I thought my time had come when I fell off a small ferryboat and no one noticed.I couldn't swim at the time but somehow managed to reach a floating signal buoy nearby with all my might and determination not really knowing to this day how I did it.I clung on to that floating signal buoy for hours thinking I was going to be eaten by a shark or fall unconcious into the water due to the cold and drown.I remember my heart beating so fast and hard and singing all the songs I knew and regreting not saying to my family members how much I loved them and that they would never know if I died there.It was frightening.Fortunately friends waiting for me to arrive on the island worried about my abscence on the boat signaled my disappearnce to the authorities who searched and found me just after dusk.
    Thanks for letting me share this experiance.I haven't talked about it in over 10 years.

    Nothing is worth more than this day - Goethe

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  4. ELIZABETH - I humbly accept your gracious compliment. Equally, I am pleased The South African doctor persevered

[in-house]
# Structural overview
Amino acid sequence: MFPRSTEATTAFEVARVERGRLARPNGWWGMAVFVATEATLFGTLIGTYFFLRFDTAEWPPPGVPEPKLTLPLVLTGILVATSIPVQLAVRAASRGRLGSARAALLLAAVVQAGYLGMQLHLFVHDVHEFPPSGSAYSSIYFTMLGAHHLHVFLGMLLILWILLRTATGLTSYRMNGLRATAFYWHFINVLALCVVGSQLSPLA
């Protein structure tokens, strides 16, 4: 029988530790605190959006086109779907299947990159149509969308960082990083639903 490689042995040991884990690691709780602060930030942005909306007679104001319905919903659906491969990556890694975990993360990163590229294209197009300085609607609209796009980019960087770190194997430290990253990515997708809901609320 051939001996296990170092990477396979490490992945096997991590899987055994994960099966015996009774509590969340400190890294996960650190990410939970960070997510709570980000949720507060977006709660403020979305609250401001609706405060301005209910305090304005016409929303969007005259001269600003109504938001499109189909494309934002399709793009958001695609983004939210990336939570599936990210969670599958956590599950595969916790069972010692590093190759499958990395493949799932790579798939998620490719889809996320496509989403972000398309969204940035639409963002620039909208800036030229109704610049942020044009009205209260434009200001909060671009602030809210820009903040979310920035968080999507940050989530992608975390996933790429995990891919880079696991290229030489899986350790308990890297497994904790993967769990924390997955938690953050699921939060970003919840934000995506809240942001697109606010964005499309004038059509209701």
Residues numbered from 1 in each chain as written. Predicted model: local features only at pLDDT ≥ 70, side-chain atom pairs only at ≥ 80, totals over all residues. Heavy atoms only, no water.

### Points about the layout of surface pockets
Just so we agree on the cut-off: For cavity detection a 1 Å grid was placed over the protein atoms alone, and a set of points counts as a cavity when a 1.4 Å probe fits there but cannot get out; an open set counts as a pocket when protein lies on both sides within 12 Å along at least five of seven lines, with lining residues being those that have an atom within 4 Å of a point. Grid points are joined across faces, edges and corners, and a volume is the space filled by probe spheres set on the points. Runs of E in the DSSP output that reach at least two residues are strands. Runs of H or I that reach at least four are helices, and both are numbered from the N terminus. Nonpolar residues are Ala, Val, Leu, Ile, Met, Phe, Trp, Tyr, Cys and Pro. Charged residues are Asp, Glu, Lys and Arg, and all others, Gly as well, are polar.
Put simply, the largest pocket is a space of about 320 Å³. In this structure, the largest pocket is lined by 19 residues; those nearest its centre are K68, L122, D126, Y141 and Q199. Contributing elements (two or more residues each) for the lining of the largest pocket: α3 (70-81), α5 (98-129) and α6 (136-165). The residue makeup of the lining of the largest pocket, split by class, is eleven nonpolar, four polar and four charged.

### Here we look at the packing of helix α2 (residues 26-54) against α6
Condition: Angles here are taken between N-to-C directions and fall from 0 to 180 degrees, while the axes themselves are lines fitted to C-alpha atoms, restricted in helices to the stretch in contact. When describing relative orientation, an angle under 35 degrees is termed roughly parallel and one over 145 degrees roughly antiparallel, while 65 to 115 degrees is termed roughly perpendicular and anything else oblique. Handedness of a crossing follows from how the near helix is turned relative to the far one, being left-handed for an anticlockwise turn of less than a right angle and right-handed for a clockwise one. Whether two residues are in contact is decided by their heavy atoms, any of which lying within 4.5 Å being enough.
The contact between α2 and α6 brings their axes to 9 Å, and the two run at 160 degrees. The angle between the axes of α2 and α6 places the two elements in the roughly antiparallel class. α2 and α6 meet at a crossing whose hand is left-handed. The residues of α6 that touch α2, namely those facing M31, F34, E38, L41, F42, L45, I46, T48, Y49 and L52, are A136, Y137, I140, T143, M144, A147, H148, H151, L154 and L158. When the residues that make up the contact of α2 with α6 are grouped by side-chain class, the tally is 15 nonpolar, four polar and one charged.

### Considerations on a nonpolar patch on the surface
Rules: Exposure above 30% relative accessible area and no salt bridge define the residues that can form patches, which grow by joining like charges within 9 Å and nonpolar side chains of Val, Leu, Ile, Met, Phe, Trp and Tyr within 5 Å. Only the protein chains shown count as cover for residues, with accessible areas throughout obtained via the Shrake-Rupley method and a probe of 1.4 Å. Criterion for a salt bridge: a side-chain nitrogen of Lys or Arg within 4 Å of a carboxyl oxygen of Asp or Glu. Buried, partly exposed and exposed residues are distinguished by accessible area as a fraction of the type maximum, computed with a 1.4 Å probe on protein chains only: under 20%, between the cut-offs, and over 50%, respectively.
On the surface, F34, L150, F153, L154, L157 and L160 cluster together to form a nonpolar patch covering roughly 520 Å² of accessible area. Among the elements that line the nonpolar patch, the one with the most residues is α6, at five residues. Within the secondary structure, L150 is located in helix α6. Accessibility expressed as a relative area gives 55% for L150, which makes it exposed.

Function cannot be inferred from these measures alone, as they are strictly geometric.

RHYMES WITH PLAGUE The gratitude had no target, just a feeling of thankfulness. And I am pleased that you got through the heart attack episode. At the time it must have been very scary for you and your family. Plus you might never have taken up blogging!
    JEAN A disturbing story with a happy ending. I am glad that my post sparked this memory. You should turn it into a fuller piece if you ever start your own blog. Mind you we don't need blogs to get writing.

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  5. Thanks for writing about this, YP. I was drawn in by Elizabeth's and Jean's accounts, too. I am glad you are all alive.

    There have been times when in the moment I thought I was close to death, but after they passed, I realized that it was fear more than near-fatal danger that made me feel thus. In hindsight, the closest call I ever really had was when I was several weeks pregnant with my daughter. I was crossing the street when a truck took a fast left-turn and skidded to a halt in front of me. I screamed, "You could have killed me!" and he just grinned in embarrassment and said, "Sorry." How often does that mundane kind of incident happen to people? Much too often, I suspect.

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  6. Whew. I was panting at the end of recount YP.

    When I was in hospital recently and at the lowest ebb, I experienced an odd feeling I've never had before or since. Weirdly, it was total peace, and a feeling of relaxed acceptance. An indication I think, that I was on the way out. At least that's what the staff said. Thank goodness for oxygen and intravenous drips and antibiotics!